Using two or more antivirus applications on the same computer
Last Updated June 04, 2019
You want to know if it's OK to run two or more antivirus applications on your computer at the same time.
The use of third-party antivirus solutions, concurrent with a Symantec solution that contains antivirus protection, such as Symantec Endpoint Protection (SEP), may cause unexpected behavior and undesired results, and is not supported. You should only run one antivirus program at a time.
Having more than one antivirus program active in memory uses additional resources and can result in program conflicts, false virus alerts, and lowered protection.
Risks of using more than one antivirus program
Antivirus and antispyware programs are generally written with the expectation that they will interrupt actions taken by other programs, in the interest of security. If more than one such program is running, there are a number of ways in which they can interfere with each other.
To give a simple example, suppose that antivirus scanners A and B are installed on a computer. Program A copies a file to a temporary location for scanning. Program B notices the file activity, and copies the file from program A's temporary location to its own. Program A notices that file activity and makes another copy, and so an infinite loop forms. This could end with the computer running out of memory or hard drive space, hangs or crashes in the antivirus scanners, or other undesirable behaviors.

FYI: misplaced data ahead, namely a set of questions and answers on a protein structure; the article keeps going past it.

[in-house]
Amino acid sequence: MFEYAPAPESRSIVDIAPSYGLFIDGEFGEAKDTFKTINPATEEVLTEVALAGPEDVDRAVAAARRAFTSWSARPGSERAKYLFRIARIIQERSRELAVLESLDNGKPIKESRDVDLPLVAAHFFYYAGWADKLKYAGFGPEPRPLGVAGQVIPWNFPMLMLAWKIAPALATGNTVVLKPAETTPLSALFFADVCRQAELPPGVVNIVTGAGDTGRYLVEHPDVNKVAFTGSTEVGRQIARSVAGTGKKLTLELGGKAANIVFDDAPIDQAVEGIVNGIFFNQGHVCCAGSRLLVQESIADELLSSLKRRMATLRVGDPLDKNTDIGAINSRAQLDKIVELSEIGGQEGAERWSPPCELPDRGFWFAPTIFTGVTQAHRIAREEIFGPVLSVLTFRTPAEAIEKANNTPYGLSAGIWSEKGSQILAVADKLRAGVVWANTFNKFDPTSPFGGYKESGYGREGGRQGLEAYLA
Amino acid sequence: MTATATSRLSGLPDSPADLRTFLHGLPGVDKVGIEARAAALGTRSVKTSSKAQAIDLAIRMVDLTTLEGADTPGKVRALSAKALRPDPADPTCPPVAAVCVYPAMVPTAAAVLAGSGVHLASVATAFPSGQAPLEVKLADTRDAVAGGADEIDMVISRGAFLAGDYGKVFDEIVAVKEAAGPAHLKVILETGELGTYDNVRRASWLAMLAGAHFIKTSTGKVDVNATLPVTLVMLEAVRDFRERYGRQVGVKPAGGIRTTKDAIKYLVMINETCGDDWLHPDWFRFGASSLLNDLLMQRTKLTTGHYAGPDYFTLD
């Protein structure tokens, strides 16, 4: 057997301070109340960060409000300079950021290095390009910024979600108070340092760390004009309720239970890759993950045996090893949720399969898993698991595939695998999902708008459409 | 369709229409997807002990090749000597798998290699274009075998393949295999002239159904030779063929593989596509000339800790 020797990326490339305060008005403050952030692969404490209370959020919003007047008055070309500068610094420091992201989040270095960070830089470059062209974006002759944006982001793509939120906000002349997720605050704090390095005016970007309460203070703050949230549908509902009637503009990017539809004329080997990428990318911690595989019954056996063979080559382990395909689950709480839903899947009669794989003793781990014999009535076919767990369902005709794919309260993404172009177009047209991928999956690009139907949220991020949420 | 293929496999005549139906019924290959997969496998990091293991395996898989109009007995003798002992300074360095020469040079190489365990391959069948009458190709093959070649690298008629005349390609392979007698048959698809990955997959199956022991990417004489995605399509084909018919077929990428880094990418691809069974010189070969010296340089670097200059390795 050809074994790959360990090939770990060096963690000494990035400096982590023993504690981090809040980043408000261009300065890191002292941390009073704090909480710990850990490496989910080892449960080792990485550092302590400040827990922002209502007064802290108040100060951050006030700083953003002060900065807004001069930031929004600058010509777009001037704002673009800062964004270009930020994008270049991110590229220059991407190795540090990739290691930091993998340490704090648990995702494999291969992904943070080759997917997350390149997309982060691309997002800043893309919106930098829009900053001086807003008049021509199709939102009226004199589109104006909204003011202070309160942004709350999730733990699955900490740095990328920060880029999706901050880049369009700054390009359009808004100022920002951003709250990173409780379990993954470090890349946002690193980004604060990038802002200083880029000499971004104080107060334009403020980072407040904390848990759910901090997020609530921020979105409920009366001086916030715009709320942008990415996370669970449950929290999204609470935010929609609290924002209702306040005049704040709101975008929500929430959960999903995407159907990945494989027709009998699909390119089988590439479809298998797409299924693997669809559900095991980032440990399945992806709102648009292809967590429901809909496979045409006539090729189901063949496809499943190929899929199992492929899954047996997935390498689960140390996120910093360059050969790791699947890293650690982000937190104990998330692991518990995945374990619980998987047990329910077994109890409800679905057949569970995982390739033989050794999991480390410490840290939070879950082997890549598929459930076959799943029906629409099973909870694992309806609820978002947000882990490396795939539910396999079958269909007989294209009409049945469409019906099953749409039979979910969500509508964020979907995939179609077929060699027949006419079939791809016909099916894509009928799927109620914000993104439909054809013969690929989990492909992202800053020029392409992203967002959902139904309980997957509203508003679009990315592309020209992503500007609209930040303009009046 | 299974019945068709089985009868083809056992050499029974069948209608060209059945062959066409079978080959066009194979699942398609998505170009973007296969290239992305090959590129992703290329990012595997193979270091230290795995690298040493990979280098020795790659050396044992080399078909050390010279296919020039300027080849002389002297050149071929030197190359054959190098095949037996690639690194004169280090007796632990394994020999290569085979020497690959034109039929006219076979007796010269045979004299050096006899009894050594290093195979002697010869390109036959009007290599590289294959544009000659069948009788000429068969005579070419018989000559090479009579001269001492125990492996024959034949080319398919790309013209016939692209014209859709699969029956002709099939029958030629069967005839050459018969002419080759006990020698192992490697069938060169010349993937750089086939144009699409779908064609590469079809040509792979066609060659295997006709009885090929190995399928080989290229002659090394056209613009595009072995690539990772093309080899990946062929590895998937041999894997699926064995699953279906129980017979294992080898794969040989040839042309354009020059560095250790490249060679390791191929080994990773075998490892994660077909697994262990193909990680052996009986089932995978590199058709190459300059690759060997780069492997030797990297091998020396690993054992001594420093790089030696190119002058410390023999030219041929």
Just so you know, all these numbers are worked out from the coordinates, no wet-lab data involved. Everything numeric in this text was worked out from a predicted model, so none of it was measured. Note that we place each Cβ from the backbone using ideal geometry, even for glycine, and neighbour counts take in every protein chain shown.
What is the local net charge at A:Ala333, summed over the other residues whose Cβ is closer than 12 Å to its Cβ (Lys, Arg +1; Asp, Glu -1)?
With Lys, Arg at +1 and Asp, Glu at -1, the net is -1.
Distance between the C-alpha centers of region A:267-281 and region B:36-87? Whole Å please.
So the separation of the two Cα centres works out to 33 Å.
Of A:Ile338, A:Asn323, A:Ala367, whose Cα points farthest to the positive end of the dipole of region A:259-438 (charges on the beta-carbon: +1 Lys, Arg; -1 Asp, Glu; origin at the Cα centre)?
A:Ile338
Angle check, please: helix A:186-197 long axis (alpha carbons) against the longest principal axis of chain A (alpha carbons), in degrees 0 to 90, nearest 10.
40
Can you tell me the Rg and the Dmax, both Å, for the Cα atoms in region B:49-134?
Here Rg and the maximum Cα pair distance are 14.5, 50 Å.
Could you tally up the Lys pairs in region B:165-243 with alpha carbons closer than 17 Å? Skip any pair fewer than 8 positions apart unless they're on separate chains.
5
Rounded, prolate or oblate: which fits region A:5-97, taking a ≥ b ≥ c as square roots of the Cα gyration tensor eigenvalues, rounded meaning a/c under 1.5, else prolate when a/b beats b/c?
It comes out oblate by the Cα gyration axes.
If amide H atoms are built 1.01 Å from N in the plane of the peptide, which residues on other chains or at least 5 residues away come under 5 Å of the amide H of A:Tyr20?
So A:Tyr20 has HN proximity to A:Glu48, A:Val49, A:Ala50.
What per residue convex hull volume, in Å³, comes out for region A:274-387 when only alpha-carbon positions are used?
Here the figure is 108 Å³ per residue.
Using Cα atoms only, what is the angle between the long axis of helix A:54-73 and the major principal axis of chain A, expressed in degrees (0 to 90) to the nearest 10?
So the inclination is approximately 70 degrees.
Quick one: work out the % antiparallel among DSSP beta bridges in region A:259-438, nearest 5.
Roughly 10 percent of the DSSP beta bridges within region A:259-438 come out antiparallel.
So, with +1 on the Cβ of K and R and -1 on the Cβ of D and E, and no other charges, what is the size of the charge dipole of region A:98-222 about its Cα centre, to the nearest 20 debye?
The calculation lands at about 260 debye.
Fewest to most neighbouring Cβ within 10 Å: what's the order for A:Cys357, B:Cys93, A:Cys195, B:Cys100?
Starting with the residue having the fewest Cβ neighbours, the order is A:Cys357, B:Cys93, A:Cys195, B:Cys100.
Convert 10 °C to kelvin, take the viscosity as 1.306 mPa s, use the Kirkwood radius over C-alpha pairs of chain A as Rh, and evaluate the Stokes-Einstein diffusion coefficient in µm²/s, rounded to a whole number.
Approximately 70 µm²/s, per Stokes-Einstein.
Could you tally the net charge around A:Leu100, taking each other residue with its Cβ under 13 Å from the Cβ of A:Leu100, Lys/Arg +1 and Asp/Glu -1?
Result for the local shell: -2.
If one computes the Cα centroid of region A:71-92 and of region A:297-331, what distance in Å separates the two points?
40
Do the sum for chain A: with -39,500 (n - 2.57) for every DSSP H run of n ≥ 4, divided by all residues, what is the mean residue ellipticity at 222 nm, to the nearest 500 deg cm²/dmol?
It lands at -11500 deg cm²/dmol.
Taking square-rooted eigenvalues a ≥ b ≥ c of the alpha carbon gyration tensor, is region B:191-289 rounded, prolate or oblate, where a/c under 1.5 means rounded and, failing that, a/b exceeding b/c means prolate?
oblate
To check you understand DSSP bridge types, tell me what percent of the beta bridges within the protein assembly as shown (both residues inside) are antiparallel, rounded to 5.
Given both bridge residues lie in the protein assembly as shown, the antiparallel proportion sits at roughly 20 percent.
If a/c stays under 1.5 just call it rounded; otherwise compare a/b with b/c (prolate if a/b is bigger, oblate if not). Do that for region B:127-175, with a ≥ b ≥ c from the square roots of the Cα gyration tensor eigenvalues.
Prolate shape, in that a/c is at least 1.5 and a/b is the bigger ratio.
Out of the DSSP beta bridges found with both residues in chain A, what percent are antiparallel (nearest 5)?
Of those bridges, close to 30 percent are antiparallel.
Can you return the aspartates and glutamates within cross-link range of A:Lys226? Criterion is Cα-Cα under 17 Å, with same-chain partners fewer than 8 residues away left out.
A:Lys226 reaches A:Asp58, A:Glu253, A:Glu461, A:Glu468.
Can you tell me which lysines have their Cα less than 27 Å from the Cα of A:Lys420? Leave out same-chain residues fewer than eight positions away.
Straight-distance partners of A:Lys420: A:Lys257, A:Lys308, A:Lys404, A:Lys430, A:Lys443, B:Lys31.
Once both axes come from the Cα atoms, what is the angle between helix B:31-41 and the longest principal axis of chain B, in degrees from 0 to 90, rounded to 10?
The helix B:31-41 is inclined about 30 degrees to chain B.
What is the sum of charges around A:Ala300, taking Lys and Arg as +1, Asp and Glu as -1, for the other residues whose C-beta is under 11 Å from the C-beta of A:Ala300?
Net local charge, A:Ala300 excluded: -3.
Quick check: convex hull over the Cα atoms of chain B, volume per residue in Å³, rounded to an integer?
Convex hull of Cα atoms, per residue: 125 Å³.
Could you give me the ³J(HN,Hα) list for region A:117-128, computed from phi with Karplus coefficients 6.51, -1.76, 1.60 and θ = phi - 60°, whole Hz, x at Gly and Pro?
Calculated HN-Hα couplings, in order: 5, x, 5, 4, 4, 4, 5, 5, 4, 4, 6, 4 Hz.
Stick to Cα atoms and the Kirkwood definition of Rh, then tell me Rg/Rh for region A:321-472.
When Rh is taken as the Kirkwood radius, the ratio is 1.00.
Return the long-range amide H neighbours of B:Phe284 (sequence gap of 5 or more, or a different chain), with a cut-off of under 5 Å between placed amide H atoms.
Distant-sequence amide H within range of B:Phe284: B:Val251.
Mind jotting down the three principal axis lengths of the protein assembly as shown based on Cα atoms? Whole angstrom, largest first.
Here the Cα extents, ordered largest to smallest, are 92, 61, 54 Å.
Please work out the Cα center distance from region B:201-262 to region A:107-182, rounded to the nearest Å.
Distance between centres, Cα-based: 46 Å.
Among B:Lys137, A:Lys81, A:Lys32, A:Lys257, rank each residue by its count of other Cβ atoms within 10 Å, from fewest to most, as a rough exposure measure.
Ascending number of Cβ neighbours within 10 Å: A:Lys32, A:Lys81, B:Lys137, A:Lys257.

Types of programs that can cause conflicts
The following types of programs should not run concurrently:
Antivirus and antispyware real-time scanning programs such as Norton AntiVirus, Symantec Endpoint Protection, McAfee VirusScan, or Kapersky AntiVirus.
On-demand scanning programs, such as the Windows Malware Removal Tool.
Single-use malware removal tools that are designed to remove files from individual threats.
Types of antivirus programs that can run concurrently
On certain types of servers, there are antivirus programs that specifically scan the content that the server handles. For example, Symantec Mail Security for Microsoft Exchange (SMSMSE) scans the messages that come through Microsoft Exchange, and nothing else. On a server that runs SMSMSE, another antivirus program such as SEP is required to protect the rest of the file system.
Programs such as SMSMSE can run concurrently with real-time scanners such as SEP, provided that they are prevented from scanning the same files. In the case of SEP and SMSMSE, the SEP Auto-Protect real-time scanner has built-in folder exclusions that prevent it from scanning the folder that SMSMSE scans. With other combinations of server and endpoint programs, such exclusions may need to be created manually.
Imported Document ID: TECH104806
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